All experiments were approved by the Institutional Animal Care and Use Committee of Johns Hopkins University School of Medicine (protocol number: M016M480) and were in accordance with the guidelines of the Association for Research in Vision and Ophthalmology Statement for the use of animals in ophthalmic and vision research.
The study was conceived and designed by HH. AL and MS have conducted genotyping and sequencing analysis. HH and AL have conducted in vivo experiments. AL and AM performed histological staining, confocal experiments, and WB analysis. AL and MS performed in vitro experiments and associated analysis. HH performed endogenous IgG detection and Mass Spectrometry data analysis. The manuscript was written by AL, MS, AM, ST, and HH and critically revised by HH and ST. All authors reviewed and accepted the final version of the manuscript.
This work was supported by BrightFocus Foundation (M2014124), Missouri University start-up fund (Hu Huang research group), and NSFC fund (81870677).
Conflict of Interest Statement
The authors declare that the research was conducted in the absence of any commercial or financial relationships that could be construed as a potential conflict of interest.
The authors would like to acknowledge the contribution of Johns Hopkins University Synthesis & Sequencing Facility (Baltimore, MD, USA) for technical assistance with Sanger sequencing; Johns Hopkins University General Pathology (Baltimore, MD, USA) and Maria Ntzouni from the Linköping University Electron microscopy and Histology Lab Microscopy Unit-Core Facility (Linköping, Sweden) for assistance with tissue embedding and histological sections; DeAna Grant at Missouri University Electron Microscopy Core Facility (Columbia, Missouri USA) for technical assistance with Transmission Electron Microscopy; Poochon Scientific (Frederik, MD, USA) for technical assistance with Mass Spectrometry; TransnetYX: Outsourced DNA Genotyping Services (Cordova, TN, USA) for assistance with RT-PCR probe design and animals genotyping; Lijuan Fan (University of Missouri-Columbia, MO, USA) for general benchwork assistance, and Mr. Dmitry Rumyancev (Belgorod, Russia) for graphical abstract artwork assets design; as well as Wai T. Wong (Unit on Neuron-Glia Interactions in Retinal Disease, National Eye Institute, Bethesda, MD, USA) for productive input regarding CRB1-RD8 mutation in transgenic strains and genotyping primers design suggestions.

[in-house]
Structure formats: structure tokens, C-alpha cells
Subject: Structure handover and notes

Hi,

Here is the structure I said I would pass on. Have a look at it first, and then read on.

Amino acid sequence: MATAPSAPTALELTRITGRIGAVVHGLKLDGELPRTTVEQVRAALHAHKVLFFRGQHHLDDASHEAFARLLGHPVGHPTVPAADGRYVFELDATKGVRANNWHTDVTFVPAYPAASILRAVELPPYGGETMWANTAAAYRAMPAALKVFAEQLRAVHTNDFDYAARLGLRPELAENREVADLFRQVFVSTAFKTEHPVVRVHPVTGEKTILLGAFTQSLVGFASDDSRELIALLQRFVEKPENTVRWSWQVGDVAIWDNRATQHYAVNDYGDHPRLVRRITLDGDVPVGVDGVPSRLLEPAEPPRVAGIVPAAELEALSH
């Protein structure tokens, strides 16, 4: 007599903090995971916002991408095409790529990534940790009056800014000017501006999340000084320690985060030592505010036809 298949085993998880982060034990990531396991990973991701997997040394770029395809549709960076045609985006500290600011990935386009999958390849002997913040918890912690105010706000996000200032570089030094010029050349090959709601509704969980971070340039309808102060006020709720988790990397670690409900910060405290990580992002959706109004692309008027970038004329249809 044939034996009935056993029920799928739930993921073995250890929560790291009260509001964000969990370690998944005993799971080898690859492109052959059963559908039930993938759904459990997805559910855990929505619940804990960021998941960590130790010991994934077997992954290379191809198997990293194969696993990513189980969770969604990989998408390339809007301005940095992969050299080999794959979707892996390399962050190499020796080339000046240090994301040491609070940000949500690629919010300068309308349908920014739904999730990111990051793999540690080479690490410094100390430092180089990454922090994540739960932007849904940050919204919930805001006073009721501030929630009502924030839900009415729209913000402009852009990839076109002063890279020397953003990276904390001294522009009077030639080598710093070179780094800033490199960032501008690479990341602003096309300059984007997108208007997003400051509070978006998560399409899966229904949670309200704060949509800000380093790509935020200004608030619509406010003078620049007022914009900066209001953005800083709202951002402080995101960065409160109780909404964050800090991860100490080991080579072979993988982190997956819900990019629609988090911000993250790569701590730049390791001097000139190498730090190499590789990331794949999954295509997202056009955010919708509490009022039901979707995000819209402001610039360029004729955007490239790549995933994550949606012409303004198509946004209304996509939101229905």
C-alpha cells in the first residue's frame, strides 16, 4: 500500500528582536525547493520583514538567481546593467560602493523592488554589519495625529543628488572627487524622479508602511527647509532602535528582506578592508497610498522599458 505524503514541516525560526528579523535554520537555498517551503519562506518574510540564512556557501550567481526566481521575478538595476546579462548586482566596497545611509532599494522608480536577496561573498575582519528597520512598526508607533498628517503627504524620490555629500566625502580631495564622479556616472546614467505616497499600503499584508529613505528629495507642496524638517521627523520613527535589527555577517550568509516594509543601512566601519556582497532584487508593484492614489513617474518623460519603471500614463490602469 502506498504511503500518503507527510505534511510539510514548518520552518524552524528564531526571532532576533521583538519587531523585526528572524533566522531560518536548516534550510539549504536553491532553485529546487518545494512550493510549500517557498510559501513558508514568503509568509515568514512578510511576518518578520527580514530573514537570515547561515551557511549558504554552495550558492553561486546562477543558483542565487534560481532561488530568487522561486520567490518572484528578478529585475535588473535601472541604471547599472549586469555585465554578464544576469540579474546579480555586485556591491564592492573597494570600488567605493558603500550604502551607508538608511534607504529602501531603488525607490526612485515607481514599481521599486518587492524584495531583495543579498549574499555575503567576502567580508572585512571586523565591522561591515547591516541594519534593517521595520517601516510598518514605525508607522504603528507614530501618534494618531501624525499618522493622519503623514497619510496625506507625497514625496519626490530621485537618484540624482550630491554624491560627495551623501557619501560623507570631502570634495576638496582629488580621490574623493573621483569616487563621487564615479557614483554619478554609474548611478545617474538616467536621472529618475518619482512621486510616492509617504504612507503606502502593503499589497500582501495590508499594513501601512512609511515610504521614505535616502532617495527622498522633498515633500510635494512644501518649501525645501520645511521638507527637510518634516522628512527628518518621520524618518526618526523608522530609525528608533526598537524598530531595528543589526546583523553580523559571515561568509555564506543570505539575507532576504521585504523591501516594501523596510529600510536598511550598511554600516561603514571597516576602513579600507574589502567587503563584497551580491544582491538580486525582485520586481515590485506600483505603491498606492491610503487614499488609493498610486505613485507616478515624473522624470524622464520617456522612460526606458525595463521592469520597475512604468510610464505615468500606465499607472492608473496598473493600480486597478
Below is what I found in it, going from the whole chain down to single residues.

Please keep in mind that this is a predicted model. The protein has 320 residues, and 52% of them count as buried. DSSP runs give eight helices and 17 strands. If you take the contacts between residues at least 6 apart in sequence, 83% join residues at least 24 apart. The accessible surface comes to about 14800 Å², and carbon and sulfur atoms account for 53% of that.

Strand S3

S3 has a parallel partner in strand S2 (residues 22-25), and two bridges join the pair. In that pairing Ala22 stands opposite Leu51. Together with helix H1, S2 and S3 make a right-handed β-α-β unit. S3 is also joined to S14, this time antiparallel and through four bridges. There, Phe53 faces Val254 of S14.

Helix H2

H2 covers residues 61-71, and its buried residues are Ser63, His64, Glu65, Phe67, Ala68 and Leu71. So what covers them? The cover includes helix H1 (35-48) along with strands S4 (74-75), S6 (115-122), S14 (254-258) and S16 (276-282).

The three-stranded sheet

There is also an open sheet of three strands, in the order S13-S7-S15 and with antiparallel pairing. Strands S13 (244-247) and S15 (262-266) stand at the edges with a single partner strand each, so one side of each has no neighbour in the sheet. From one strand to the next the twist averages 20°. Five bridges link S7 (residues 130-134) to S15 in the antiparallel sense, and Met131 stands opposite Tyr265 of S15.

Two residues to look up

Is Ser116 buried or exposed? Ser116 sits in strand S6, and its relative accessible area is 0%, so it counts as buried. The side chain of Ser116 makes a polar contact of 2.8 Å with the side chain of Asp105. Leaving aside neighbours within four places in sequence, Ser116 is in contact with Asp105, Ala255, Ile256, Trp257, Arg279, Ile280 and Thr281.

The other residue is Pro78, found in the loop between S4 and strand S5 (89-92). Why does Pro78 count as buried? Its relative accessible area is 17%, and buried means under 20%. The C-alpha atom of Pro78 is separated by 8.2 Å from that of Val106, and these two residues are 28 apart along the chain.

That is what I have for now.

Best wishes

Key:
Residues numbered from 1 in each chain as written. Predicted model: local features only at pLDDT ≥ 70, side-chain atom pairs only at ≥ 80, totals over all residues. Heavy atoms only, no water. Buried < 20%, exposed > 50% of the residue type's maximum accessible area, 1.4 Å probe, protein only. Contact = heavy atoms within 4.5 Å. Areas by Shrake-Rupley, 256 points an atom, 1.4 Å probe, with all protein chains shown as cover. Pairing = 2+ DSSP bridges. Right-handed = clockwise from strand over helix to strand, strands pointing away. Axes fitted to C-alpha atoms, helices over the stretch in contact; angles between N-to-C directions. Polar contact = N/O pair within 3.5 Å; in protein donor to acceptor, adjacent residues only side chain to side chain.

The Supplementary Material for this article can be found online at: https://www.frontiersin.org/articles/10.3389/fimmu.2019.01903/full#supplementary-material
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Keywords: age macular degeneration, AMD, CXCR5, CXCL13, autoantibody, CRYAA, CRYAB, amyloid beta
Citation: Lennikov A, Saddala MS, Mukwaya A, Tang S and Huang H (2019) Autoimmune-Mediated Retinopathy in CXCR5-Deficient Mice as the Result of Age-Related Macular Degeneration Associated Proteins Accumulation. Front. Immunol. 10:1903. doi: 10.3389/fimmu.2019.01903
Received: 26 January 2019; Accepted: 26 July 2019;
Published: 14 August 2019.
Edited by:Michele Marie Kosiewicz, University of Louisville, United States
Reviewed by:Balik Dzhambazov, Plovdiv University “Paisii Hilendarski”, Bulgaria
Grazyna Adamus, Oregon Health & Science University, United States
Copyright © 2019 Lennikov, Saddala, Mukwaya, Tang and Huang. This is an open-access article distributed under the terms of the Creative Commons Attribution License (CC BY). The use, distribution or reproduction in other forums is permitted, provided the original author(s) and the copyright owner(s) are credited and that the original publication in this journal is cited, in accordance with accepted academic practice. No use, distribution or reproduction is permitted which does not comply with these terms.
*Correspondence: Hu Huang, email@example.com
†These authors have contributed equally to this work